Juice for Jesus

April 10th, 2007

By Erika Spaet

Suzanne Watin was a Jewish dental hygienist from Union, N.J. She and her now ex-husband had their daughter late in life, moved around a lot and always had enough money; they lived what could be seen as an ordinary, upper-middle class life together. But when fate knocked on Watin’s door six years ago, she decided the comforts of her home and the life were a little too ordinary.

“I was just never satisfied, and I had been looking for something like this for a long time,” she says.

The knock came from two members of the Twelve Tribes, a religious group starting to establish a community in Ithaca. Several years before, Watin, now 66, had converted to Christianity, becoming what she calls a “zealous Christian.” Her marriage had crumbled, and she became frustrated with infighting at her church. She founded a Messianic church in Ithaca but still couldn’t reconcile church politics with the words she read in the Bible about peace and love.

So when the Tribes’ evangelists appeared on her doorstep, Watin was ready to listen.
The Twelve Tribes live according to Acts 2:42-46, in which the apostles sell all their worldly possessions to live with one another:
“All the believers were together and had everything in common. Selling their possessions and goods, they gave to anyone as he had need … They broke bread in their homes and ate together with glad and sincere hearts.”

The hippie counterculture of the 1970s had a Christian element known as the Jesus Movement. During the 70s and early 80s, dozens of Christian denominations were created, one of which was the Twelve Tribes. Its name comes from the Twelve Tribes of the Old Testament — the descendents of Jacob’s 12 sons. Today, it’s a religious sect that has formed roughly 40 “communities” all over the world. Each geographic region where communities can be found — from Australia to Argentina — belongs to a tribe, and collectively they form the “Commonwealth of Israel.” The community in Ithaca is just one of several that comprises the Yehudah tribe, and, just like every other community, it practices a lifestyle that emulates that of Jesus’ — Yahshua in Hebrew — disciples. They reject both Judaism and Christianity in favor of this lifestyle. They work together — at their café, the Maté Factor on the Commons — pray together and, most importantly, live together.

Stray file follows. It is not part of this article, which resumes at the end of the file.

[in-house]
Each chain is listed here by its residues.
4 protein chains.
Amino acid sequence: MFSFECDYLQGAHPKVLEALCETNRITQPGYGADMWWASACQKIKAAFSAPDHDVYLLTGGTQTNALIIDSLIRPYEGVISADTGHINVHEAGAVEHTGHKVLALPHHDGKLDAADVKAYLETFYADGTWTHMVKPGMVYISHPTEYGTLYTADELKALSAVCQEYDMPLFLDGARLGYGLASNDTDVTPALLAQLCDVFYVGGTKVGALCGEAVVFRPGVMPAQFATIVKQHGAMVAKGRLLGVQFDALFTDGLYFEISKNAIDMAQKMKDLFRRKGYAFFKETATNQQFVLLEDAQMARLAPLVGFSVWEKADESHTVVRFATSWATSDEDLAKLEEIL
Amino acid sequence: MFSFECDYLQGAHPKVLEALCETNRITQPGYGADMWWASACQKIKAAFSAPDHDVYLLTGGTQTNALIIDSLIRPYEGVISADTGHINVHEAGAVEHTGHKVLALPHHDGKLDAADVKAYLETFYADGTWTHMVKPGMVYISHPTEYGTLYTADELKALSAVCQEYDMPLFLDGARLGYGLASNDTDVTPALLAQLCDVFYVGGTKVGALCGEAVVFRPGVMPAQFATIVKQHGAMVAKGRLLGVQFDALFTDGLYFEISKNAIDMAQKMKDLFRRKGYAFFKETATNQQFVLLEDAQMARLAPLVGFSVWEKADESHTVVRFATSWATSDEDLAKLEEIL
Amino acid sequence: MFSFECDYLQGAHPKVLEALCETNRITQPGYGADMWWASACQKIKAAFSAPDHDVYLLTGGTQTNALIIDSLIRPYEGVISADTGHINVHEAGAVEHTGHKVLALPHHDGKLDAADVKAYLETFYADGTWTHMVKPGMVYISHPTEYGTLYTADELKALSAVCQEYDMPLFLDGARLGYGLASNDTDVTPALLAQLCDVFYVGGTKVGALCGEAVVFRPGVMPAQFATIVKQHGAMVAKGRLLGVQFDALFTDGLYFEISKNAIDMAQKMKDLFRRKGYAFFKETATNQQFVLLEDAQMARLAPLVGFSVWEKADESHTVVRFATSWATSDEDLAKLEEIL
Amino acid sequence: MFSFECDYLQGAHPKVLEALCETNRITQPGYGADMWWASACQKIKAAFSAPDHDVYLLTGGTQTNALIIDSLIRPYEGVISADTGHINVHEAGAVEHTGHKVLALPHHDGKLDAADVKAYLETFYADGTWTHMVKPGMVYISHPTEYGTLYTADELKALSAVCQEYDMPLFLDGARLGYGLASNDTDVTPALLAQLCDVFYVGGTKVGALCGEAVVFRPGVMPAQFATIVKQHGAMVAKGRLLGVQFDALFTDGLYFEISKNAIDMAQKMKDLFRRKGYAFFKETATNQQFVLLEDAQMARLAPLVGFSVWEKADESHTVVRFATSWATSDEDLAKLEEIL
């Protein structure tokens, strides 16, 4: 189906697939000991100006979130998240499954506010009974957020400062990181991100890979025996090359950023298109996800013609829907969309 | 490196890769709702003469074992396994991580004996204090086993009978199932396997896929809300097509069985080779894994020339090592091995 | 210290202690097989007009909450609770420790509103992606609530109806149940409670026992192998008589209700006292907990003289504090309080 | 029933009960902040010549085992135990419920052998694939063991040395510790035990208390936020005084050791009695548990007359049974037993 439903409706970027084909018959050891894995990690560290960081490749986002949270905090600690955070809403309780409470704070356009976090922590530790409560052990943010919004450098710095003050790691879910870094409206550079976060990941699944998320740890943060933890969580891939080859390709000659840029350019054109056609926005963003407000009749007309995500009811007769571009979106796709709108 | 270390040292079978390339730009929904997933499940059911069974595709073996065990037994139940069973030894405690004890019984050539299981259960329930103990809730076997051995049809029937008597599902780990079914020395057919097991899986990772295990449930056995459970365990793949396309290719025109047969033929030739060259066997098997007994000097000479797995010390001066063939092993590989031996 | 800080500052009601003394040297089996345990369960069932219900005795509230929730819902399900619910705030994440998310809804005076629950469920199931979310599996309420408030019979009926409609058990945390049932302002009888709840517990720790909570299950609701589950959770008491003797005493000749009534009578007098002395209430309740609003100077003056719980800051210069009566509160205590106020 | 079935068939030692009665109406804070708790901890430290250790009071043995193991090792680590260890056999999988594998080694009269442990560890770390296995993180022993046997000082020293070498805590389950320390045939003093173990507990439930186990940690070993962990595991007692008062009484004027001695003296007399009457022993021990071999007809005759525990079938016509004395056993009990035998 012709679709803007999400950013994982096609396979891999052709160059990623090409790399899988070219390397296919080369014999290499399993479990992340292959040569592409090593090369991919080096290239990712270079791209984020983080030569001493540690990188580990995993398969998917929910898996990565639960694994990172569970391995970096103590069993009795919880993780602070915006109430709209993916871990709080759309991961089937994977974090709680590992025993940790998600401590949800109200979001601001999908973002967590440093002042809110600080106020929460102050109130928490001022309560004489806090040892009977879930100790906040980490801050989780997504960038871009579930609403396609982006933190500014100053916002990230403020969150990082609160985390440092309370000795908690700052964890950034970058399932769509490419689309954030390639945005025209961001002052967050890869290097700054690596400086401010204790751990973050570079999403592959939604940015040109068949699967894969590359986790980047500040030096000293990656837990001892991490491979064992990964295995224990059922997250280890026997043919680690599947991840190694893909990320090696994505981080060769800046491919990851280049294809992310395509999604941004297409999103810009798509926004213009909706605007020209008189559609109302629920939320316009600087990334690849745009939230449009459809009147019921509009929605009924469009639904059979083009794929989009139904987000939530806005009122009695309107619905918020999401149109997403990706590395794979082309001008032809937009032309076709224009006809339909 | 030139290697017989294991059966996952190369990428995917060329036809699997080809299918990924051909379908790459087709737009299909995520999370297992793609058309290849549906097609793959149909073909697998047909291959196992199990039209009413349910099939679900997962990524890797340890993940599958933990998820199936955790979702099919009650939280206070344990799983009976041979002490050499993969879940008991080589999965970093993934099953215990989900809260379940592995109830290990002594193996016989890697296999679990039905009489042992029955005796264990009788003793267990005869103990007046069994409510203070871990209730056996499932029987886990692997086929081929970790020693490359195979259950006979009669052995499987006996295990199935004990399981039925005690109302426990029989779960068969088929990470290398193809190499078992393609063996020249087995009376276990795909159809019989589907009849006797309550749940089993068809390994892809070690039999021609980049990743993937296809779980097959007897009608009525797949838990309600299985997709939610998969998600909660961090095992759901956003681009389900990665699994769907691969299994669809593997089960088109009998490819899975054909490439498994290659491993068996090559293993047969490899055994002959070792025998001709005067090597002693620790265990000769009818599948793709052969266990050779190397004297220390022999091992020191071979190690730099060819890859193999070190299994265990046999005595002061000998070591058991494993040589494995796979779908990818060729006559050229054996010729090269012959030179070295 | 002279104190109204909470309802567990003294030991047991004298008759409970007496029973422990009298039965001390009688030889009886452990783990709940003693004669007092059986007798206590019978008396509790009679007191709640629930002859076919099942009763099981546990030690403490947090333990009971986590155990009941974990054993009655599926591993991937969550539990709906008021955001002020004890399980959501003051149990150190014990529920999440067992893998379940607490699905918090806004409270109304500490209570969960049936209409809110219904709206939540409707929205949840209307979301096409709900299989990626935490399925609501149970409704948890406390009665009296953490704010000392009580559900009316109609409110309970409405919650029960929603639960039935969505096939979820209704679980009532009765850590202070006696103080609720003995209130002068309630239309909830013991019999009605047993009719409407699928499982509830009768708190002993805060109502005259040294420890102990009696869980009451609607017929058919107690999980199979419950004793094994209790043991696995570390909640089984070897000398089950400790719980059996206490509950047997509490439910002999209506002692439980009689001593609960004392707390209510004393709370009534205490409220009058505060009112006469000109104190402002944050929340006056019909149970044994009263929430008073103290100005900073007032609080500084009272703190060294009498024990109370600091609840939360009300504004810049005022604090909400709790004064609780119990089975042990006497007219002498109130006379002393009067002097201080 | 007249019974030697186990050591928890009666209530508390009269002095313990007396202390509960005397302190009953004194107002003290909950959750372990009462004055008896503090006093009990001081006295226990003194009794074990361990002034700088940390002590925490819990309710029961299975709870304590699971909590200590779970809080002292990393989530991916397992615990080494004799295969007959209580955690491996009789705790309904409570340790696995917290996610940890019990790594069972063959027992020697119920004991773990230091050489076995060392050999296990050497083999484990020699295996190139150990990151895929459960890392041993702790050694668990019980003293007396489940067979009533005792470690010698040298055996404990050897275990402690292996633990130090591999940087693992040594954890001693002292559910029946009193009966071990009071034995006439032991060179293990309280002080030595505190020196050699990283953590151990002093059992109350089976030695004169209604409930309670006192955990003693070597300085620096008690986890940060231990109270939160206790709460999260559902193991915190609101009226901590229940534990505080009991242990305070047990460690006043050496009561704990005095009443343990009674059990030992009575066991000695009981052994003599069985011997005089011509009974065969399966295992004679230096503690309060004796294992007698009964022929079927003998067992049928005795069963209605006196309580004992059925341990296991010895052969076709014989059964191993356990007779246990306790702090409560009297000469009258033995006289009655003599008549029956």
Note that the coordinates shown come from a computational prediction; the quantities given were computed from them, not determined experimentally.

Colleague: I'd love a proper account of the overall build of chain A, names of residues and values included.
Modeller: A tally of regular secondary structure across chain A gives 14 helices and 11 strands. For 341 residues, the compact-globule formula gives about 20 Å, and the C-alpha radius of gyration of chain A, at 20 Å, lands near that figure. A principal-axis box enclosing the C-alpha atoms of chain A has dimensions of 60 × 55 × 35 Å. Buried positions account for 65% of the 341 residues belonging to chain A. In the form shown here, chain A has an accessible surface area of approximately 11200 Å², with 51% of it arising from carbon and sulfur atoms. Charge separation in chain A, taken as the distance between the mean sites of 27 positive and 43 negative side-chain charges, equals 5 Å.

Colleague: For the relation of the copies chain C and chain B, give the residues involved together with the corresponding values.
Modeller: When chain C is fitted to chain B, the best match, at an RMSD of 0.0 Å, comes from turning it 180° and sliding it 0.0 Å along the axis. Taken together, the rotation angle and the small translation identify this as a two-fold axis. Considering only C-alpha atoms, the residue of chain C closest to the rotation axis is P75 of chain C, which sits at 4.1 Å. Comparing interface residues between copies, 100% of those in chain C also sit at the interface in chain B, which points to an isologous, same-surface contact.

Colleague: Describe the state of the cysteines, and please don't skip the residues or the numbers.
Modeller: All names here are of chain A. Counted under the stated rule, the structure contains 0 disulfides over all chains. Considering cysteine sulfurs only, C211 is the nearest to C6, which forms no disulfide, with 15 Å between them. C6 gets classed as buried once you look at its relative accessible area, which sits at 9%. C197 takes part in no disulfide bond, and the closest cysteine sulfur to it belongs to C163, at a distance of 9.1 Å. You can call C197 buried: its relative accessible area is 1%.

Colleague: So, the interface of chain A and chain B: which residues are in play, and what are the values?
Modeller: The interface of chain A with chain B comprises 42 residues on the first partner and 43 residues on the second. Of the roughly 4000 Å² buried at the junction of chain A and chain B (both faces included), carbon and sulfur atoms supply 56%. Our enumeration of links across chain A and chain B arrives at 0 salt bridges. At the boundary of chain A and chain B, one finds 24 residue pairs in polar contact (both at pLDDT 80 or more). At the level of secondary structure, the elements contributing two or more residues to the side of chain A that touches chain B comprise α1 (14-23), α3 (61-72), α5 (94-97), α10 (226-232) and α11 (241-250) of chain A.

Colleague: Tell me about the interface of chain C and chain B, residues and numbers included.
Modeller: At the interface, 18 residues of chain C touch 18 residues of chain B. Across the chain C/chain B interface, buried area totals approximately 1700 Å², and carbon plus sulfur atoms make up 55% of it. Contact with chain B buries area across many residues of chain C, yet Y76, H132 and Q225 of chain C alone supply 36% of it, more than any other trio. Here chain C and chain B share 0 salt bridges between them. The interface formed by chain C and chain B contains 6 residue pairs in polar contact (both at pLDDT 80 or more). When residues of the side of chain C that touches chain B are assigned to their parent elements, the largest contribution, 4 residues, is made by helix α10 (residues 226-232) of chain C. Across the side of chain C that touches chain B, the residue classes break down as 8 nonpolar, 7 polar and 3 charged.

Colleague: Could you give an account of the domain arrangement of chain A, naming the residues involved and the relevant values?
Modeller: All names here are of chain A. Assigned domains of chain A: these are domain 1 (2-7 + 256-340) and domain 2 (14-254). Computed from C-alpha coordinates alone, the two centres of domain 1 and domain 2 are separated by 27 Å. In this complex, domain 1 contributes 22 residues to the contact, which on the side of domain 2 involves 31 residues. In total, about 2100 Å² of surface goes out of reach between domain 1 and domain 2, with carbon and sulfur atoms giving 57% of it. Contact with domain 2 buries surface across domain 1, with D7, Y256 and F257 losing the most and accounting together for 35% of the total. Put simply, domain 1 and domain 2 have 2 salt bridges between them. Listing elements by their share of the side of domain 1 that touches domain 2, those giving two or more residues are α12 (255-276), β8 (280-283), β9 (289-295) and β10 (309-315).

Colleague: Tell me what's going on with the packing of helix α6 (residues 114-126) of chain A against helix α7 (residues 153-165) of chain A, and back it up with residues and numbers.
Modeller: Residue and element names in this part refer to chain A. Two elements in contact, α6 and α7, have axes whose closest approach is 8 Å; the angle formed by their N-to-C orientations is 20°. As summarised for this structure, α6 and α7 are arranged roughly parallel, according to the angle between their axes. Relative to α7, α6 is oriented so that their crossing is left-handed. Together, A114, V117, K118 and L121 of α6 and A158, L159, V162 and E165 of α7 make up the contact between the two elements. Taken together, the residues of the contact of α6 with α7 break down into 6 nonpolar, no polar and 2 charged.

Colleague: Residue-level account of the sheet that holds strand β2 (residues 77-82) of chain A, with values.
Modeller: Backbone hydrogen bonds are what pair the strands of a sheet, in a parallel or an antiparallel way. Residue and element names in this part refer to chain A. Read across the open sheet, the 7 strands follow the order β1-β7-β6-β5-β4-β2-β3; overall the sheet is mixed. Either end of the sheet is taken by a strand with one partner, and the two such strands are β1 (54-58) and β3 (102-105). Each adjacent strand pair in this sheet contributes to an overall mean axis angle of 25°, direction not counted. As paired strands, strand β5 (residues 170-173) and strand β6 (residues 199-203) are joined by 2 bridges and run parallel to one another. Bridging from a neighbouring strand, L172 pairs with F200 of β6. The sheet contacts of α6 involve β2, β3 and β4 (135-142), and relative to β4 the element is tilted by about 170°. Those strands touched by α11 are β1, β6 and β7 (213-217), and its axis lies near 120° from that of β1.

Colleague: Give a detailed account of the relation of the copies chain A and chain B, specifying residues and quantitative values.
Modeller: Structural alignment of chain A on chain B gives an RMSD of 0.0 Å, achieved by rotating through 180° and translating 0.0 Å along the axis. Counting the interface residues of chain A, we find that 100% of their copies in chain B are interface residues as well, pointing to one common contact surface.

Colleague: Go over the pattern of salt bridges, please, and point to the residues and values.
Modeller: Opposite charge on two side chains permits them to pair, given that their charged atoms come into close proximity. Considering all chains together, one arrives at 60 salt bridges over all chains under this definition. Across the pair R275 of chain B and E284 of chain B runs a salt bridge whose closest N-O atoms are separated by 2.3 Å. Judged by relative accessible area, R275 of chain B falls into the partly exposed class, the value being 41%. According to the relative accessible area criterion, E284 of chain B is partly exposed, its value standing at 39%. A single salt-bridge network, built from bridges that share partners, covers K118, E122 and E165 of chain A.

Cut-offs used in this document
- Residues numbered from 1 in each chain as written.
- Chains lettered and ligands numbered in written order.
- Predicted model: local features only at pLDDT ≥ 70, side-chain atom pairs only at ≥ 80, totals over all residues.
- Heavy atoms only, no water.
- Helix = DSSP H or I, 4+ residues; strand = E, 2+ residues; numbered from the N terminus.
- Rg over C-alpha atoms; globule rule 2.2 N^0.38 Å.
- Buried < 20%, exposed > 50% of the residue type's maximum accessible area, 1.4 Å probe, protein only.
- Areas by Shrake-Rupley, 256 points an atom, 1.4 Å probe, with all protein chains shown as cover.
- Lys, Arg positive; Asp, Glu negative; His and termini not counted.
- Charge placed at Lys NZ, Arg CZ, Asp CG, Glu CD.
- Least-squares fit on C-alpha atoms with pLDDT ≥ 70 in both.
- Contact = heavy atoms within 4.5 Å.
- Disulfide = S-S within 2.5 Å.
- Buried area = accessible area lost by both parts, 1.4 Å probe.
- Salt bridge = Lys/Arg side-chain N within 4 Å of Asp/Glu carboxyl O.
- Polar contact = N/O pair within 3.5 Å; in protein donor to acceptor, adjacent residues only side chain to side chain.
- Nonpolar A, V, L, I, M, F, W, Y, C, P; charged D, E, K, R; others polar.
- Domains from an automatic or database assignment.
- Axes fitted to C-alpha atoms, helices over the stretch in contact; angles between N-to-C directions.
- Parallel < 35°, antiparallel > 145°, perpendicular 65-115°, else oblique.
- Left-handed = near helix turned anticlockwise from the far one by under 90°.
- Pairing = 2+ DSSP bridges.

“With our way of life, as we learn how to serve each other, we’re becoming true disciples,” says Yedediyah Jedd. “We’re keeping the things that Yahshua taught.”

More than 30 disciples live in their communal home on Third Street. They’ve turned an old fitness center into a magnificently humble mansion with fireplaces, handmade tapestries on the wall and a cottage-like lighting scheme of which Martha Stewart would be proud. The whole community, and usually several visitors, gathers every Friday night in the great room to celebrate the Sabbath with group prayer, Israeli dances and a home cooked Kosher meal. They don’t attend church, and there’s no particular organization to their worship.